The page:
Sleep disorders are estimated to cost the Australian health system $5.1 billion annually. More than half of this cost is associated with sleep apnoea which is associated with snoring and repeated periods of ‘choking’ during sleep.
Sleep apnoea causes daytime sleepiness and is strongly linked to sleepiness related accidents, diabetes, cardiovascular diseases, and depression. Despite sleep apnoea being treatable, the vast majority - up to75% - of individuals remain undiagnosed. This is largely because current methods of assessing sleep apnoea are expensive and access to them is limited. Cutting edge research being undertaken at UWA into sleep disorders has identified that the structure of the face, head and neck have a key role to play in the diagnosis of sleep apnoea. It is possible that in the future, sleep apnoea will be diagnosed from a single 3-D photograph of the face.
In a free public lecture as part of UWA’s Research Week, Researchers Professor Peter Eastwood and Associate Professor Ajmal Mian will discuss their innovative research in the area of sleep apnoea and facial structure.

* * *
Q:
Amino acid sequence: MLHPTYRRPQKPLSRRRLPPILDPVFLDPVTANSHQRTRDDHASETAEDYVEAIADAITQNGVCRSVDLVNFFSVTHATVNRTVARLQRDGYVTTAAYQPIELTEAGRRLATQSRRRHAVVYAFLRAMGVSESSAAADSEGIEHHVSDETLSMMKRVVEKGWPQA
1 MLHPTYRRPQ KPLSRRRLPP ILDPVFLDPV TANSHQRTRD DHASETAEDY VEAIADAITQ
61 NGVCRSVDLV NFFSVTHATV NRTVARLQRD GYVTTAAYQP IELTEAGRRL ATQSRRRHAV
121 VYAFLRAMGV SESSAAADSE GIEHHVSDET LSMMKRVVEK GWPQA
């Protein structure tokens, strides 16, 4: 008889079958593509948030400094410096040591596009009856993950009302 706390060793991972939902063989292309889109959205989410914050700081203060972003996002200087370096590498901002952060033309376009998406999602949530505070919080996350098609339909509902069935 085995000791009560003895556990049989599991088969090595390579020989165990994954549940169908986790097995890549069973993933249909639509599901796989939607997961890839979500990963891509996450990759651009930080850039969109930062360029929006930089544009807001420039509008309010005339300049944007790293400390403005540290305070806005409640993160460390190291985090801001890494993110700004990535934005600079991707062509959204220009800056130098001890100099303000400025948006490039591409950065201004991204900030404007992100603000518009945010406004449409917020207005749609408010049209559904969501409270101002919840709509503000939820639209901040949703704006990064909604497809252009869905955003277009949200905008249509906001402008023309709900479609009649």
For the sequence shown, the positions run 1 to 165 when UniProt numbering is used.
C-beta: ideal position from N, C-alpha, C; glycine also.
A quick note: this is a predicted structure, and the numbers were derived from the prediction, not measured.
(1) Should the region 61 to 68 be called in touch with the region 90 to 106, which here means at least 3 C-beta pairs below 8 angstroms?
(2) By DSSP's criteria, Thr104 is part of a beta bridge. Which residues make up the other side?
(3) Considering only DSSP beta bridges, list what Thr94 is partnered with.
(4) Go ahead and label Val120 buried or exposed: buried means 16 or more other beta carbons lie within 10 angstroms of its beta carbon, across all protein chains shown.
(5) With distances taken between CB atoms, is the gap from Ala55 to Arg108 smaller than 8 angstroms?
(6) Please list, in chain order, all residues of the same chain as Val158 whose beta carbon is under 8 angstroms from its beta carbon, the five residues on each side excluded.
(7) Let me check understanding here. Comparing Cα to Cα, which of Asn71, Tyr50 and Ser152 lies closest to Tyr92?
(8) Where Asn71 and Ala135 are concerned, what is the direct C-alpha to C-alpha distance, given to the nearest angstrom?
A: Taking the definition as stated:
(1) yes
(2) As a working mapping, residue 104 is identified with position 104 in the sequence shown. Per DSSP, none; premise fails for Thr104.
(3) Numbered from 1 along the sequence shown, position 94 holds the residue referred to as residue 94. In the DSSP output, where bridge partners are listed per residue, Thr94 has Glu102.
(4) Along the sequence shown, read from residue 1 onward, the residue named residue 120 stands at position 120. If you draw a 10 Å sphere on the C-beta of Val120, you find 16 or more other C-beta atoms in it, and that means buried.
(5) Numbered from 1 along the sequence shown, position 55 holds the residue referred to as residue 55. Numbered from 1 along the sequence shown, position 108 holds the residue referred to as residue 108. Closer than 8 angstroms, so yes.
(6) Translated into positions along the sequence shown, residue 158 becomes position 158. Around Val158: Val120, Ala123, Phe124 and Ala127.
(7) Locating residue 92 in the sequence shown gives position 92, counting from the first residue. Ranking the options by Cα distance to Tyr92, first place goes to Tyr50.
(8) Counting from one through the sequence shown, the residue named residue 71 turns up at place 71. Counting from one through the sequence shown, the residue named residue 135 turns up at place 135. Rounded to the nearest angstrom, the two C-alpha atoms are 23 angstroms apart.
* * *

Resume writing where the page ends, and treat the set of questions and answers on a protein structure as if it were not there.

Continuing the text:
Professor Eastwood, who heads the Centre for Sleep Science at The University of Western Australia, will discuss the causes of sleep apnoea and its current treatments. Associate Professor Mian will then describe a sophisticated way of measuring facial structures, based on 3-dimensional deformable model fitting.
This lecture is part of UWA’s Research week, which runs from 7–11 September 2015. To find out more about the program and related activities visit http://www.researchweek.uwa.edu.au/
WHAT: Public lecture ‘A Good Night’s Sleep. Sleep disorders and the shape of your face’
WHEN: 6pm, Monday 7 September 2015
VENUE: Theatre Auditorium, The University Club of Western Australia
COST: Free, but RSVP essential.
Audrey Barton (Marketing and Communications Officer, UWA IAS) (+61 8) 6488 4797